Table 2
Ordinary Least Squares (OLS) results.

3.2. GWR Model and Spatial Variations

The summary results of GWR are listed in Table 3 and showed the GWR was more suitable than the OLS model since GWR could explain 59 percent of the total model variation with the decreased AICc. Moreover, the ANOVA comparison results also showed the GWR local model was significantly more appropriate than the OLS global model (F = 5.36, p < 0.001).

Table 3
Geographical weighted regression (GWR) results.

Figure 4 showed the maps of the locally weighed R2 between the observed and fitted values, which indicated how well the GWR model replicated the local IR around BImax and POPden. It was obvious that the value of R2 was not homogeneously distributed in all Lis, and the overall GWR regression fitted best in districts 1, 5, 10 and 11. This model did not fit well in district 12, and this could imply additional covariates were needed to explain the IR in district 12. Figure 4 helped us realize whether additional explanatory factors were required and where could those factors be applied. We also mapped the pseudo t values for intercept and each dependent variable to represent the fitting level for each specific variable under GWR [Figure 5(a)–(c)]. The significant t values, blue and red areas, indicated that the parameter estimations in these areas were reliable.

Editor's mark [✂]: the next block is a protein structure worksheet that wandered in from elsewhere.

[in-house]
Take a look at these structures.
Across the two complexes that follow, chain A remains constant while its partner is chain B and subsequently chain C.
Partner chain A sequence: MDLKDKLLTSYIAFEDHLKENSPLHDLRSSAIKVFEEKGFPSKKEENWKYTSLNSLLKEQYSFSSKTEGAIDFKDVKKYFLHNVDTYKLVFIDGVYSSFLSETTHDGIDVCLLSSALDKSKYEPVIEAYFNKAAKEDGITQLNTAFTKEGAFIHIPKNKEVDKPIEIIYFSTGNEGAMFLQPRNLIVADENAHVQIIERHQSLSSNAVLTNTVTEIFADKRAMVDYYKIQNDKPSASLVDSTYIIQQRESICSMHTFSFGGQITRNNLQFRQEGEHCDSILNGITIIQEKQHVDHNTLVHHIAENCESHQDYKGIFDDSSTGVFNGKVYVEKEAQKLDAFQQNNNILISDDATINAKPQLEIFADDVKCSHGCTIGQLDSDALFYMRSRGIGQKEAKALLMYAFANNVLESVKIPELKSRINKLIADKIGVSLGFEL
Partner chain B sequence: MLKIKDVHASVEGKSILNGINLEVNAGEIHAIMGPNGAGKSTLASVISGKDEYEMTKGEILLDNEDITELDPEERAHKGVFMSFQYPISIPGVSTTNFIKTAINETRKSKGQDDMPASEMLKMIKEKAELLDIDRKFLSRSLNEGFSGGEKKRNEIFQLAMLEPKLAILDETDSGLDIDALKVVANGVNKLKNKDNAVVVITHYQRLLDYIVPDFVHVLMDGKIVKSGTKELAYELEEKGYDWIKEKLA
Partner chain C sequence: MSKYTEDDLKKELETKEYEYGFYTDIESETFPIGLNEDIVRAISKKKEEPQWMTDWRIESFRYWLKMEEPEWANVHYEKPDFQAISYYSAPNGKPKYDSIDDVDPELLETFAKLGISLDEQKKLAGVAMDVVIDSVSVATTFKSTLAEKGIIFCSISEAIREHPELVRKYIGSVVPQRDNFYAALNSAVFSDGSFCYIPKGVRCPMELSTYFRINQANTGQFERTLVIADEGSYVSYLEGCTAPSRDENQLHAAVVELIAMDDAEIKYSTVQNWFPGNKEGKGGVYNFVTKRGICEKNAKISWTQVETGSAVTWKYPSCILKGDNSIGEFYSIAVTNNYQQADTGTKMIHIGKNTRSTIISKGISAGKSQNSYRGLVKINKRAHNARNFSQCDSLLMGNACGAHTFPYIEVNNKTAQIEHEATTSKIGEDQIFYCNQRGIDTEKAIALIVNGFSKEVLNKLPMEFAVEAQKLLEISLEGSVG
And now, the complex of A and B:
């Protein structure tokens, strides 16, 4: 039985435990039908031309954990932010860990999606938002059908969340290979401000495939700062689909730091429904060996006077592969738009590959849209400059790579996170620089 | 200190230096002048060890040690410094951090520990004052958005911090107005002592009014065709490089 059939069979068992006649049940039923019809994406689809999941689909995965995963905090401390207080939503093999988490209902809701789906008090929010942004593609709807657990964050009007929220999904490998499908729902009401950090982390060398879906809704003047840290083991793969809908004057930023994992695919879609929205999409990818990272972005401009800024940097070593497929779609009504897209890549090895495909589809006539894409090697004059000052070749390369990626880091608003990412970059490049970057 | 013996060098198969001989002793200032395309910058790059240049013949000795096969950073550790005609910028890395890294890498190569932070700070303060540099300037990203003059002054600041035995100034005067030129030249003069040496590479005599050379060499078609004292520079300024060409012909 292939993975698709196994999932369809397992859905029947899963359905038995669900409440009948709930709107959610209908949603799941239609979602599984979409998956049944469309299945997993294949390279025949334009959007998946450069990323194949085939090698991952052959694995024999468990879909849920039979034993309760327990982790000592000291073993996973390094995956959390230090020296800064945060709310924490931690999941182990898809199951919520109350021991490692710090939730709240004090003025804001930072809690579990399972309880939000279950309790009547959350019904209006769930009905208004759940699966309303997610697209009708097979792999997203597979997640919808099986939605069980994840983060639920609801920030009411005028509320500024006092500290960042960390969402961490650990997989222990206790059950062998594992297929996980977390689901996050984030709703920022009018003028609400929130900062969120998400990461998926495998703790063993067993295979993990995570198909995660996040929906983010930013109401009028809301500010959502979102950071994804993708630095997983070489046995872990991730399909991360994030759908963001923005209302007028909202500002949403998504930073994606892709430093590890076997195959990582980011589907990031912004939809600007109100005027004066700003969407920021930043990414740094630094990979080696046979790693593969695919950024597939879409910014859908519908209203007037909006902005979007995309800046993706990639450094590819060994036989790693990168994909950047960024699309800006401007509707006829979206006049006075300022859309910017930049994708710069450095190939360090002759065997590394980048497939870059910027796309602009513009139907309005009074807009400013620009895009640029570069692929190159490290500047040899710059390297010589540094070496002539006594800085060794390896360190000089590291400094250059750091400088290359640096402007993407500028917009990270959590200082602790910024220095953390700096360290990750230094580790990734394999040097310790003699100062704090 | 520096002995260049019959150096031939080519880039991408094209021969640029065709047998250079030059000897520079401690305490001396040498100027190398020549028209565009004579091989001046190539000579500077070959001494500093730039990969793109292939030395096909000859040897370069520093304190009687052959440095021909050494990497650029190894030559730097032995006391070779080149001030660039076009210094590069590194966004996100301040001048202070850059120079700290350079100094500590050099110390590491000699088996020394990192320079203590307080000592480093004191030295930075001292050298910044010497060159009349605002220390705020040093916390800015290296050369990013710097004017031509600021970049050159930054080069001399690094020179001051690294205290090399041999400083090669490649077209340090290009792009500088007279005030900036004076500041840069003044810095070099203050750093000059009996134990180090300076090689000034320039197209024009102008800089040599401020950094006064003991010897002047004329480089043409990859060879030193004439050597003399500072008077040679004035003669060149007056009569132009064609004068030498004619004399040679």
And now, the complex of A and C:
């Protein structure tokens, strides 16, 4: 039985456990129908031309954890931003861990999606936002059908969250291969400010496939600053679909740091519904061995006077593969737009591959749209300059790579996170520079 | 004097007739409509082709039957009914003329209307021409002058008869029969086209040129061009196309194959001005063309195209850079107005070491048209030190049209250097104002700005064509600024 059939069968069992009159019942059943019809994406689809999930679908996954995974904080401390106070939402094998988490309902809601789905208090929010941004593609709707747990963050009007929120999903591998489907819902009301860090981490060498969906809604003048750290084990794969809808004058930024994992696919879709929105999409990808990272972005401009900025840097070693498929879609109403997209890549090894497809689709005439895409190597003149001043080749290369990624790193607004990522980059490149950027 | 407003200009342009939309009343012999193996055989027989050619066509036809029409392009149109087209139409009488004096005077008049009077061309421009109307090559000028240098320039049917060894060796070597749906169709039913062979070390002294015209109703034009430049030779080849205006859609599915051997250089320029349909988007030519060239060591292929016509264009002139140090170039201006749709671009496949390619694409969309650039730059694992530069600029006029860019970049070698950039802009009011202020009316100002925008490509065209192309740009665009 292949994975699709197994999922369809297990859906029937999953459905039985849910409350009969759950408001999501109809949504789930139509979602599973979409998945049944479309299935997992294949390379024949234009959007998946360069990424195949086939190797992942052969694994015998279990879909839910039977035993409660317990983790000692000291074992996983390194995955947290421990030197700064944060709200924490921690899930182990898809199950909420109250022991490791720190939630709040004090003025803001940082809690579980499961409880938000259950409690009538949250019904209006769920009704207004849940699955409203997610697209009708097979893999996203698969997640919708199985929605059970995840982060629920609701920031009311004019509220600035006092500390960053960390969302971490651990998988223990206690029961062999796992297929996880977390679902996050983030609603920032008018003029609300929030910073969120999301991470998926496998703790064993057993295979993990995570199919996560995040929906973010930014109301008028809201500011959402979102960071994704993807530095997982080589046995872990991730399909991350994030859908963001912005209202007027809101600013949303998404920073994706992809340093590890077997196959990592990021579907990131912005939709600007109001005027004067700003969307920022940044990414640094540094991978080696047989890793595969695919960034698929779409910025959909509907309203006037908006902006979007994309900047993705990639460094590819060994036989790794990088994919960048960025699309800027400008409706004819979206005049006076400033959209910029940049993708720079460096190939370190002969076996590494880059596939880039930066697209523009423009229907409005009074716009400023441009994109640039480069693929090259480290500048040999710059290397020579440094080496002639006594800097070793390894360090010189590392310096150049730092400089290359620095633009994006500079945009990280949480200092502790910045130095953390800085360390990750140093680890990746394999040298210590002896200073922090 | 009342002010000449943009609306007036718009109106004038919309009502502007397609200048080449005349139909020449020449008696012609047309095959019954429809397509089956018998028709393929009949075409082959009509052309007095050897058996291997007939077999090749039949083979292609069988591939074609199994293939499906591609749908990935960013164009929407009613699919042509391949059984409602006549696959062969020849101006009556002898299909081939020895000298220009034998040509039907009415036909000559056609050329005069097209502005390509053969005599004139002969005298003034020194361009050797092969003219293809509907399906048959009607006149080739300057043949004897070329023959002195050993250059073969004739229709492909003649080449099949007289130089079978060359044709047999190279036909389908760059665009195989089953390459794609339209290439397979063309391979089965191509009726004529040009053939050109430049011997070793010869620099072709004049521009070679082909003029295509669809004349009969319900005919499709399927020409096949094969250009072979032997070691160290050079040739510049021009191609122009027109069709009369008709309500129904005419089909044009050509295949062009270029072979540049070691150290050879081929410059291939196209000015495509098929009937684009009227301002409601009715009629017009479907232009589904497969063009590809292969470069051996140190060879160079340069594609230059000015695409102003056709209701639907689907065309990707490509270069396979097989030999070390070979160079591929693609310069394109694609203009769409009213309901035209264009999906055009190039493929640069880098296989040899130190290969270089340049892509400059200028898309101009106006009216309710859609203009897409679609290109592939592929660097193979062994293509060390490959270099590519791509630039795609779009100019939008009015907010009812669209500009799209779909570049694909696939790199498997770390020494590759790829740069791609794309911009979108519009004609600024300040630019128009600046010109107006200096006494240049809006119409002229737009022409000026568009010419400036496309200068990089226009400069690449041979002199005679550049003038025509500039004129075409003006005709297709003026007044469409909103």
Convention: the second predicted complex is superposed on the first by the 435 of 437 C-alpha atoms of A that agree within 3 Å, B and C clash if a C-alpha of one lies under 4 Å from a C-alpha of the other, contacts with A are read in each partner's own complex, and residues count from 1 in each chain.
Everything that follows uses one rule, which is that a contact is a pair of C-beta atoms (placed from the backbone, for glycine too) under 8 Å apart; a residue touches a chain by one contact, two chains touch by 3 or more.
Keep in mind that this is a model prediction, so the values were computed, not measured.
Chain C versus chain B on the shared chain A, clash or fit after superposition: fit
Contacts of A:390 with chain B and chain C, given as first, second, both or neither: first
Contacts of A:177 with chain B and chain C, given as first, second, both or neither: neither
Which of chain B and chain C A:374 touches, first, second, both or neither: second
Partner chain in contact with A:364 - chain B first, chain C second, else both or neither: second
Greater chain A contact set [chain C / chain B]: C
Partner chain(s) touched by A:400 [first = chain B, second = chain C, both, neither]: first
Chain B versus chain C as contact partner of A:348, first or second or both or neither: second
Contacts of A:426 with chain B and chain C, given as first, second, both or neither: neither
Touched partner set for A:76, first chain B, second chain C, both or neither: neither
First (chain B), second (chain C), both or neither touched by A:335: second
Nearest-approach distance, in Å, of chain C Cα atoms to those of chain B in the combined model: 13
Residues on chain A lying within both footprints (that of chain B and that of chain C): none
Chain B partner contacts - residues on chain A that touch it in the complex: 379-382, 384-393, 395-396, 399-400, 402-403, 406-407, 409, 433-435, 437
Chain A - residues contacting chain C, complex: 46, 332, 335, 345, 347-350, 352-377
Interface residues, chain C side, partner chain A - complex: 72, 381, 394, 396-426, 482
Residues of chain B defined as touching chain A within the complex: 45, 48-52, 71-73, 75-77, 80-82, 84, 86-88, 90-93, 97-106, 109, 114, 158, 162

Figure 4
Spatial mapping of the locally weighed coefficient of determination (R2) between the observed and fitted values by geographically weighted regression (GWR) modeling. The data presented here were the 2002 dengue incidence, the maximum Breteau index and ...
Figure 5
Spatial mapping of pseudo t values of regression fitting (a–c) and the coefficients (d-f) of intercept, maximum Breteau index (BImax) and population density (POPden) for each Li by geographically weighted regression (GWR) modeling. The dependent ...

The condition number shown in Table 3 and the scatter plot of the GWR coefficients suggested multicollinearity was not serious (Figure 6). However, the local residuals deviated, since residuals showed moderate positive spatial autocorrelation (Moran’s I = 0.02, p = 0.02), and some parts failed to follow a normal distribution (Figure 7).

Figure 6
Scatter plot of the GWR coefficients of population density (POPden) and maximum Breteau index (BImax) with R2 = 0.01. The dashed lines were the levels of the OLS estimations.
Figure 7
Normal quantile-quantile plot of the residuals from GWR estimations.